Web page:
Agricultural commercialization, land expansion, and homegrown large-scale farmers: Insights from Ghana

Type Journal Article
Title Agricultural commercialization, land expansion, and homegrown large-scale farmers: Insights from Ghana
Publication (Day/Month/Year) 2013
The past decade has seen several African countries increasing their agricultural growth, a trend largely
underpinned by increases in land area cultivated instead of productivity increases. Meanwhile, scholars
debate whether Africa should pursue a strategy of large-scale or smallholder farms, paying little attention
to a special group of smallholder farmers who have transitioned to become medium- and large-scale
farmers. This study, therefore, begins to analyze this group of farmers, using qualitative data from indepth
interviews and focus group discussions in Ghana. We analyze their characteristics, ingredients of
farm-size expansion, and commercialization. Numerous insights are gained and hypotheses formulated
for future research. One important insight is that with the right attitude, exposure, and discipline, it is
possible for smallholder farmers to increase their farm size and commercialize regardless of initial farm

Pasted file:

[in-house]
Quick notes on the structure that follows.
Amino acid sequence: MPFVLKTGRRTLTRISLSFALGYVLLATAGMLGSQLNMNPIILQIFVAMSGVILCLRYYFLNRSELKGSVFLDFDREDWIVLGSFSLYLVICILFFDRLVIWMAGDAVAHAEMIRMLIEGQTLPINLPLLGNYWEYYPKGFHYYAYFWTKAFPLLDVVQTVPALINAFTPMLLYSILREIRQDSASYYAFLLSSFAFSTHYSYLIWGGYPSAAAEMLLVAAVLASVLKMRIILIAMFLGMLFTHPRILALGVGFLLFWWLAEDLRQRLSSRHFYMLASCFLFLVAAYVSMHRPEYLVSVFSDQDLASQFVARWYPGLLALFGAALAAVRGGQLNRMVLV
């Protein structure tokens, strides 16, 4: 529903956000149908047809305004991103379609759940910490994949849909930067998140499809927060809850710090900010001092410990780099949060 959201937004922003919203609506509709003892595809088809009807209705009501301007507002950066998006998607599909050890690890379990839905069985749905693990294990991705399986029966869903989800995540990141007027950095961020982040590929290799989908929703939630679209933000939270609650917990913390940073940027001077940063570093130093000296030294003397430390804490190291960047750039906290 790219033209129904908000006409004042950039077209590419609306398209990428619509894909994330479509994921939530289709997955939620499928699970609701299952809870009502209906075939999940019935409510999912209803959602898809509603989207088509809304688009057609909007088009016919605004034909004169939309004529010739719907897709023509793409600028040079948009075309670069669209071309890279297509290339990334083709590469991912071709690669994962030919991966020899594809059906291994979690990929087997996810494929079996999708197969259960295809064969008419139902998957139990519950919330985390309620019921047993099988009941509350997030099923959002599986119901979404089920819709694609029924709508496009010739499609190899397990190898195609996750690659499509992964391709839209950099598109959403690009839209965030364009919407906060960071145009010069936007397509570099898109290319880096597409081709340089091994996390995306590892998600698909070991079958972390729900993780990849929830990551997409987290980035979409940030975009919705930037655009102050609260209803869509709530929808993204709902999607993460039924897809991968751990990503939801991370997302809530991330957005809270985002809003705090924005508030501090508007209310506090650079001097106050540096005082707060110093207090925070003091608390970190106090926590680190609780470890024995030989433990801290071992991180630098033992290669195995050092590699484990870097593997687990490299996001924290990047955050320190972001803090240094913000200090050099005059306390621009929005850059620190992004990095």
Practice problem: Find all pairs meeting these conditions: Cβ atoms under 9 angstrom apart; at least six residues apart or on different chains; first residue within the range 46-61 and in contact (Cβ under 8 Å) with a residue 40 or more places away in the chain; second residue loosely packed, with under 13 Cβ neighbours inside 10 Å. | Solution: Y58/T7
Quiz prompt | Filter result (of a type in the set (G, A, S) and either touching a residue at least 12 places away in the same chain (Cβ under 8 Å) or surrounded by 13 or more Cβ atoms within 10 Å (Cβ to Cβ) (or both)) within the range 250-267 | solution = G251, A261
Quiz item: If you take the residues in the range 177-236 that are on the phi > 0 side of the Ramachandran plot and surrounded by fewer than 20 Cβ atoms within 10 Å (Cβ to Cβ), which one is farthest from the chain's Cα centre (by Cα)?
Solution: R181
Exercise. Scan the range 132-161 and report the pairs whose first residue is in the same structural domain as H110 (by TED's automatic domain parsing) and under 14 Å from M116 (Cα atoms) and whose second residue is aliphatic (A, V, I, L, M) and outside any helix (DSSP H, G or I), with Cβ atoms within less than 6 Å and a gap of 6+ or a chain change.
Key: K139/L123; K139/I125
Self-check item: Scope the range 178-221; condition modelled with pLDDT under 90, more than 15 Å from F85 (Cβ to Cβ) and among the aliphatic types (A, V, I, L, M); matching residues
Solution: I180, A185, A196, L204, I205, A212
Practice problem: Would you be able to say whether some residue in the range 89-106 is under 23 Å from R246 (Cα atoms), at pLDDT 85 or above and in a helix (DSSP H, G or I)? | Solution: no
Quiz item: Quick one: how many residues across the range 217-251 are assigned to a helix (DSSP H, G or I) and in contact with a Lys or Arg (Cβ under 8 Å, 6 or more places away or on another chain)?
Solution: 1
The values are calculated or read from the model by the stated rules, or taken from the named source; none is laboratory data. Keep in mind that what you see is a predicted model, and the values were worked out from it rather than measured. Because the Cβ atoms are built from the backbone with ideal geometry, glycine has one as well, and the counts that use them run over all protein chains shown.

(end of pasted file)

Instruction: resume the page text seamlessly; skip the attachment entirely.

enterprise choice. However, to transition, initial farm size and farming system appear critical, with
farmers in areas of low population density and flat topography more likely to acquire larger farming land.
The transition, however, occurs gradually over 20 to 30 years, with mean annual land acquisition rates
ranging from 0.3 to 24.3 acres per year. In the transition process, large- and medium-scale farmers are
found to increase their use of modern farm inputs (such as fertilizer and high-yielding seed varieties) and
agricultural technologies (such as tractors and processing machinery) and appear more productive than
smallholder farmers. Additional quantitative analyses using representative survey data are, however,
needed to substantiate the observed qualitative patterns and to further understand the trajectories of farm
size expansion and the implications for agricultural productivity and commercialization.

Related studies